SNIBBLES: REALLY Creative Problem Solving Lessons & Mind-Stimulating Exercises..

Sarah Fisher

Critical Thinking Skills Bundle

Teachers Toolkit

Weekly Brain Teasers to Improve Critical & Creative Thinking Skills

Jenifer Stewart

Flexible Thinking Activities | Creative Drawing and Writing | GT Activities

Also included in:  Critical Thinking Skills Bundle

Thinkercises (Level B) Logic & Problem Solving - PDF & Google Drive Versions

Thinkercises (Level B) Logic & Problem Solving - PDF & Google Drive Versions

Challenging Minds

'School Carnival Design' - A group problem solving math project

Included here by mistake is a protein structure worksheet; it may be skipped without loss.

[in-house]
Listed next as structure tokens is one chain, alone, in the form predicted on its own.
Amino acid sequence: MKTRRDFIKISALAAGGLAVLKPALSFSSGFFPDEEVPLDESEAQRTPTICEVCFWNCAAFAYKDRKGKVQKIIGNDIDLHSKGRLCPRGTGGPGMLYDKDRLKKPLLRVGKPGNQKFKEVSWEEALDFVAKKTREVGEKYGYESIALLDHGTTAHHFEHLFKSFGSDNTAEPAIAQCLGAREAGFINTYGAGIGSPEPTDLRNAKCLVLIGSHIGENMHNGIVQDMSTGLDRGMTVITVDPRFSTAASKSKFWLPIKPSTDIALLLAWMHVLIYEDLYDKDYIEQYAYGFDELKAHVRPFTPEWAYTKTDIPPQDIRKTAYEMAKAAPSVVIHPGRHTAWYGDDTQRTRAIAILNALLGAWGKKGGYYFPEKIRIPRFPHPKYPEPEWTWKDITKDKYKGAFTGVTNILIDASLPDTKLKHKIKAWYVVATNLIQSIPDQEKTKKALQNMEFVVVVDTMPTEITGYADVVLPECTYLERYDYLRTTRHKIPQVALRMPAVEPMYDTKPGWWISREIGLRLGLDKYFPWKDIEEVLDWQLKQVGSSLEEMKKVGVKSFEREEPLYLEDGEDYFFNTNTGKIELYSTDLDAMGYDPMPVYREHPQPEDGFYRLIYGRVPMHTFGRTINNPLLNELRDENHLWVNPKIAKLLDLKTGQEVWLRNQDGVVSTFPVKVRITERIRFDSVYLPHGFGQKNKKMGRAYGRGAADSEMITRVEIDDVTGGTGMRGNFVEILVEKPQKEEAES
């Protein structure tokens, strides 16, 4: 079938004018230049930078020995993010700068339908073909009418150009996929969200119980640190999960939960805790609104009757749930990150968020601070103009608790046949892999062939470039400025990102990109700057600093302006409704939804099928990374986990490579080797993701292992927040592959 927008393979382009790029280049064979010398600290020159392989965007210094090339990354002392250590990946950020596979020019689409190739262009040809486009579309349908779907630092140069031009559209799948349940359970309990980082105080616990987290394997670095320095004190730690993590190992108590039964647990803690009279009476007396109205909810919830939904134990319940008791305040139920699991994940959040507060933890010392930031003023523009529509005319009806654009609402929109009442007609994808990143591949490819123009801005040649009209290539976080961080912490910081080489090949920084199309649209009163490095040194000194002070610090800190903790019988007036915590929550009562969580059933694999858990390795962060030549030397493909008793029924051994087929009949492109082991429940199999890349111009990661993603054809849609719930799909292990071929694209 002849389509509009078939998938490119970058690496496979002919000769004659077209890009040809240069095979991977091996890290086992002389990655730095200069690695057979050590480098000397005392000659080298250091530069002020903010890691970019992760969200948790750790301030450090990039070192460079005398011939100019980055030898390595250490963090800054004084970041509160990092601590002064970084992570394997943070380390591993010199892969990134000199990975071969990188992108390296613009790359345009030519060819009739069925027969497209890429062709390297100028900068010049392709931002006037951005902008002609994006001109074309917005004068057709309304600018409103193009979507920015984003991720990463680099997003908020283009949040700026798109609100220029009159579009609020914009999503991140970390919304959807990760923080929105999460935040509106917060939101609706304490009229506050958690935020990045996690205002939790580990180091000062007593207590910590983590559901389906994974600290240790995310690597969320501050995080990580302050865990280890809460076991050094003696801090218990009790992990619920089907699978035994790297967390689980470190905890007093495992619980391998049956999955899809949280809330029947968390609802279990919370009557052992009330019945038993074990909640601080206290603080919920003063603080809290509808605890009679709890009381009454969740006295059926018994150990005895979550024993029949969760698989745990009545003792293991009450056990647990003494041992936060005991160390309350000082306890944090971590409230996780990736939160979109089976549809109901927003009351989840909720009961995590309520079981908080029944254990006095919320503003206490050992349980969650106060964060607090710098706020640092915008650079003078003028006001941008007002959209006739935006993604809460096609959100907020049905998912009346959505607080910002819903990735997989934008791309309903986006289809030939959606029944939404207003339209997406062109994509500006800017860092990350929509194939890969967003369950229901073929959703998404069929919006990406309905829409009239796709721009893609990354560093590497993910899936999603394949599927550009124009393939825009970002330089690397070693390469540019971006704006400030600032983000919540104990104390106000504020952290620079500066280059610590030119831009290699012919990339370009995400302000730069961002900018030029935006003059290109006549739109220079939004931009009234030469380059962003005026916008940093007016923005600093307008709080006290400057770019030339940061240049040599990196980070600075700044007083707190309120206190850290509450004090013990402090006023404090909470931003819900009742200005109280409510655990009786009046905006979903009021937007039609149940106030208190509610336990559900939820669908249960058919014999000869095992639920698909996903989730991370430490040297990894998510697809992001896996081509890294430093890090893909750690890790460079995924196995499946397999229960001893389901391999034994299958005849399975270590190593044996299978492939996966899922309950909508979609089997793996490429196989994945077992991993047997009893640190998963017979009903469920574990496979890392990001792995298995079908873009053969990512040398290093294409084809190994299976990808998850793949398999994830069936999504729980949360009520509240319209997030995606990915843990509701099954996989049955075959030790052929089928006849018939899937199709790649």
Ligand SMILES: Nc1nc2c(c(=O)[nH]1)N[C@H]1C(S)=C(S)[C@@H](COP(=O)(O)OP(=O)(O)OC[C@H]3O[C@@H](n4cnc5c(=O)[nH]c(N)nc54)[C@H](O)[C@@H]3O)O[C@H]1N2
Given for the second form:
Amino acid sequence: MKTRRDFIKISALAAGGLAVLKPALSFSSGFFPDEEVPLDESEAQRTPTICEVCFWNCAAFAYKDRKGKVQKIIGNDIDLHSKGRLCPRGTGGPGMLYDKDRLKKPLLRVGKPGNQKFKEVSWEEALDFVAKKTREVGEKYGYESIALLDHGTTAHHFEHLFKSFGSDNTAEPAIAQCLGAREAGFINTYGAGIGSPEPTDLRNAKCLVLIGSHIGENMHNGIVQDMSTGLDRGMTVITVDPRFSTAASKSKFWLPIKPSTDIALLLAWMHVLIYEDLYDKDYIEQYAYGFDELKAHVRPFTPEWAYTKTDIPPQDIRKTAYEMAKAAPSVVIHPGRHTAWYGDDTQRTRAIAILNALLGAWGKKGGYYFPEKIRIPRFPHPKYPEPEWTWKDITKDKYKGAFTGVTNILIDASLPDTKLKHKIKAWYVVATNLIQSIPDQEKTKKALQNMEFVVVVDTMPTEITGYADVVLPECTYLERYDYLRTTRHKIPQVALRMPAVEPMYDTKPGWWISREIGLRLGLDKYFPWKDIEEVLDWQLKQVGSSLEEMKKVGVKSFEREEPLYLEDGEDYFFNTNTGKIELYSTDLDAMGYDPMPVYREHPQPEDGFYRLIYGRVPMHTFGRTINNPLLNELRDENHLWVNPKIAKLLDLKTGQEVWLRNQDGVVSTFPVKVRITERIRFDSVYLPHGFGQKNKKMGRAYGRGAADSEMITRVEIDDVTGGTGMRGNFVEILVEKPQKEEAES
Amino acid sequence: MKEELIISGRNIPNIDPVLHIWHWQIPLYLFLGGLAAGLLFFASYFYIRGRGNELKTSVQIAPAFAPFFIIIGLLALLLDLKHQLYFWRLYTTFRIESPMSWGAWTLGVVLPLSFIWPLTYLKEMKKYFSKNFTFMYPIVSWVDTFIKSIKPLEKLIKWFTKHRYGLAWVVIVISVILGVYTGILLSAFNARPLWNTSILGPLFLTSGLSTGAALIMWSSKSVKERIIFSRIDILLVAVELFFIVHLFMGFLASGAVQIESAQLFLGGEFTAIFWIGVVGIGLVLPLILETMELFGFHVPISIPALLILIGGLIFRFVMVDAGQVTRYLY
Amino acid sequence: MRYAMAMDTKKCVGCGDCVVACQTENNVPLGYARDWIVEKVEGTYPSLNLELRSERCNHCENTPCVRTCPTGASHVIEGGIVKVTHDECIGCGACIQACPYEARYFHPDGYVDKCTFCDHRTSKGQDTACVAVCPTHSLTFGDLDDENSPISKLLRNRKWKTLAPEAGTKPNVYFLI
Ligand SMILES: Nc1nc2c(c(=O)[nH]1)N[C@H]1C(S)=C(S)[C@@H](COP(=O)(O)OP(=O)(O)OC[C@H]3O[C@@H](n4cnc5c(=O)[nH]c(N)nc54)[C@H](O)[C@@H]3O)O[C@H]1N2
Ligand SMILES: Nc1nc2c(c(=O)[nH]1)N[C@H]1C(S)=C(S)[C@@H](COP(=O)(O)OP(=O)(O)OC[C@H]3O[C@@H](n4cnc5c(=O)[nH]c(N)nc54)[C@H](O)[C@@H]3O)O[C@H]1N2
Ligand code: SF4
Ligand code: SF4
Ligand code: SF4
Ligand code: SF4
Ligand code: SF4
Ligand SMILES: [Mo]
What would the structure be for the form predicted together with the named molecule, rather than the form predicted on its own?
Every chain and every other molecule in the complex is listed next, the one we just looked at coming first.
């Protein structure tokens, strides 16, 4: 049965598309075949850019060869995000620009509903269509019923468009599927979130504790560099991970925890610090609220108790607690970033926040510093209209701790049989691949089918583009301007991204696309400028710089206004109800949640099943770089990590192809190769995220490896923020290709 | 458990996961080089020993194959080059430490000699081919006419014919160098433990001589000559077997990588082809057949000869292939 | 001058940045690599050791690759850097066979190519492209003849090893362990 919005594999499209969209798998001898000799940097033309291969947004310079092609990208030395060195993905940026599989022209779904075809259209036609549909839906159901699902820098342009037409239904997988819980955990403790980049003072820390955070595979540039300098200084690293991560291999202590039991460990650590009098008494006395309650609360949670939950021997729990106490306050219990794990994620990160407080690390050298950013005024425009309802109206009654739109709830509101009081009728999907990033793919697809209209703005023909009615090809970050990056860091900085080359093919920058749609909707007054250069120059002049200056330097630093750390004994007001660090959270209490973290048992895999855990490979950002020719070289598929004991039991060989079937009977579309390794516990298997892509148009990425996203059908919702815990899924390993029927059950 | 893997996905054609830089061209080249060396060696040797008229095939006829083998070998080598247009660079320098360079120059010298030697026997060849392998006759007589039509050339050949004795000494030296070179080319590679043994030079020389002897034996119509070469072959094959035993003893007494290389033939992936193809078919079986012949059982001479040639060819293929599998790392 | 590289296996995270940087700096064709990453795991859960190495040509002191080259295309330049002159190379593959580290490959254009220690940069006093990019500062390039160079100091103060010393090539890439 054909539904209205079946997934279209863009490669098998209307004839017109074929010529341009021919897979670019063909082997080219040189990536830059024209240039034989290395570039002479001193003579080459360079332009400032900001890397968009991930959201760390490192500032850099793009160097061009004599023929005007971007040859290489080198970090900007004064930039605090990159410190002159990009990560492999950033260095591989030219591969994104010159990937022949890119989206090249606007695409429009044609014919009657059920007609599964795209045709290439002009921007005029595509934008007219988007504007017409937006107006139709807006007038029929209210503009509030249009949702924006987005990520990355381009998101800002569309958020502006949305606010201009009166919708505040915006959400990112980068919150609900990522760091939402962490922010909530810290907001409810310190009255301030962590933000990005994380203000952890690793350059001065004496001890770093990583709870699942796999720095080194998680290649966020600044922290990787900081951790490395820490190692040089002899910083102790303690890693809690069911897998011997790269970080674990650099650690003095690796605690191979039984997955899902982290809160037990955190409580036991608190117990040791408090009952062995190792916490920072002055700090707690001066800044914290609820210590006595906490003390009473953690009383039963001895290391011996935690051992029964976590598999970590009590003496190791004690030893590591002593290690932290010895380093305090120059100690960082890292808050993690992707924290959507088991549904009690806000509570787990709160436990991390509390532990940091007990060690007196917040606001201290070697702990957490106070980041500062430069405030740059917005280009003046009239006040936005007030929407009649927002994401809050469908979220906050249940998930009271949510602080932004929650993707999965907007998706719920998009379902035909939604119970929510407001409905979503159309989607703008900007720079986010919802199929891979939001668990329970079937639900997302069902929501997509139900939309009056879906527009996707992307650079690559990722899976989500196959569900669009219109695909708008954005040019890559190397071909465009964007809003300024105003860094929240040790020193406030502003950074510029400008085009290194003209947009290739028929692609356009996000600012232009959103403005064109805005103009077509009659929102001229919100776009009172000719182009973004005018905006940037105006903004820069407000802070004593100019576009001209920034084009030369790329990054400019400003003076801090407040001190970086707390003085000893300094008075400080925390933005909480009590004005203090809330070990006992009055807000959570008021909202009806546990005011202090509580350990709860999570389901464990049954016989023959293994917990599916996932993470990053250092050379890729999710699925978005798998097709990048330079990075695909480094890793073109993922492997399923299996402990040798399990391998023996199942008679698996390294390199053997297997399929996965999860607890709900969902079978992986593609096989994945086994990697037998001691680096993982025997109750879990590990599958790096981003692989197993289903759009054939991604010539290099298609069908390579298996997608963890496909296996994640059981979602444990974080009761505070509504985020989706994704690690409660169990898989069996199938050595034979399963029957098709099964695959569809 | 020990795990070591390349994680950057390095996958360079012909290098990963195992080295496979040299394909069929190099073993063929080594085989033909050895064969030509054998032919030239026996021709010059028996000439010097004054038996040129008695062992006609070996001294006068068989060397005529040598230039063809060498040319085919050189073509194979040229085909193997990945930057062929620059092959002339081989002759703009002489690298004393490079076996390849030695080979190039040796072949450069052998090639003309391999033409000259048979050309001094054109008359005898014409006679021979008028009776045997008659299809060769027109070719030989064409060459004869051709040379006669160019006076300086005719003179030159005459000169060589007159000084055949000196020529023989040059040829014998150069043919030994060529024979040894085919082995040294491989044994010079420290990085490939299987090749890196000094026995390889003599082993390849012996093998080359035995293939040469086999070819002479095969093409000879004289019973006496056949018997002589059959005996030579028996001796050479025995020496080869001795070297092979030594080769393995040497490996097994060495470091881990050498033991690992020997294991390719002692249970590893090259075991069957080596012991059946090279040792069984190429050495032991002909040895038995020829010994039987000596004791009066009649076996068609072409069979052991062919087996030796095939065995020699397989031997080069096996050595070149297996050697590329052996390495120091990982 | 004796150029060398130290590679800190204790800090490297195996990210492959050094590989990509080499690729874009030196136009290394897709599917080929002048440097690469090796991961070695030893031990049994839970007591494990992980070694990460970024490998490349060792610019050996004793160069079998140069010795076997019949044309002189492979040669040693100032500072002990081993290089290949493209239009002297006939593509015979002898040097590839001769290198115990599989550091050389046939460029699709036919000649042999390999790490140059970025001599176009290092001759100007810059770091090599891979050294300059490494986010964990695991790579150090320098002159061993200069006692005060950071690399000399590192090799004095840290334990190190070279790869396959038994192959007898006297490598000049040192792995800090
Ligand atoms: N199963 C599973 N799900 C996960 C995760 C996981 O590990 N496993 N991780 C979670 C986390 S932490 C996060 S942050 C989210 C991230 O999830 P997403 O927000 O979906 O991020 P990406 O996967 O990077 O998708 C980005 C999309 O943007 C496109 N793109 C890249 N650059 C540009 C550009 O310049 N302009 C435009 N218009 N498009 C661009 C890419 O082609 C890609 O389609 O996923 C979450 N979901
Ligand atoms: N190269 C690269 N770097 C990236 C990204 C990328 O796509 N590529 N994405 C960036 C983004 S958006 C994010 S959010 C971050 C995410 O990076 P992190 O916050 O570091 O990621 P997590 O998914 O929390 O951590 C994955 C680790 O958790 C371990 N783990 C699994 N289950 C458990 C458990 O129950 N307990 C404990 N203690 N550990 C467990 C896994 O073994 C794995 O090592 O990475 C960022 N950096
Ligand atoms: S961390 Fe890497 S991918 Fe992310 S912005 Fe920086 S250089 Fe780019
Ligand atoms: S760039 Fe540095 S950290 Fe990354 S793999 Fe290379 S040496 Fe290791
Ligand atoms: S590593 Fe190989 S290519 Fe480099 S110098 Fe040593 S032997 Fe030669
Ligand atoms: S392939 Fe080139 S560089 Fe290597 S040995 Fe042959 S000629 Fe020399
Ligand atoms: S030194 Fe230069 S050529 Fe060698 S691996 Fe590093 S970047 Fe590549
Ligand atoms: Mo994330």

The Relief Teacher

Dr. Funster's Creative Thinking Puzzlers C1 - Problem-Solving Fun for 9-12 Grade

The Critical Thinking Co.

Spy: Codes and Ciphers and Critical Thinking

KJS Creative Curriculum

Also included in:  Codes, Ciphers and Critical Thinking: Spy Bundle #1

ELA Centers | Enrichment Activities for Gifted Students | Early Finishers 1

ELA Centers | Enrichment Activities for Gifted Students | Early Finishers 1

Introduction to Creative Problem Solving

Introduction to Creative Problem Solving

Ms Haynes Stretching Brains

Also included in:  Enrichment Lesson Bundle

Gifted and Talented - Created Creature Talents Unlimited Unit

Gifted and Talented - Created Creature Talents Unlimited Unit

Learning Highway

Enrichment Activities for Gifted Students | Critical Thinking Activities

Catch My Products

Also included in:  Printable Logic Puzzles and Brain Teasers or Virtual Worksheets

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Thinking and Learning

20 Principles

How Do Students Think and Learn?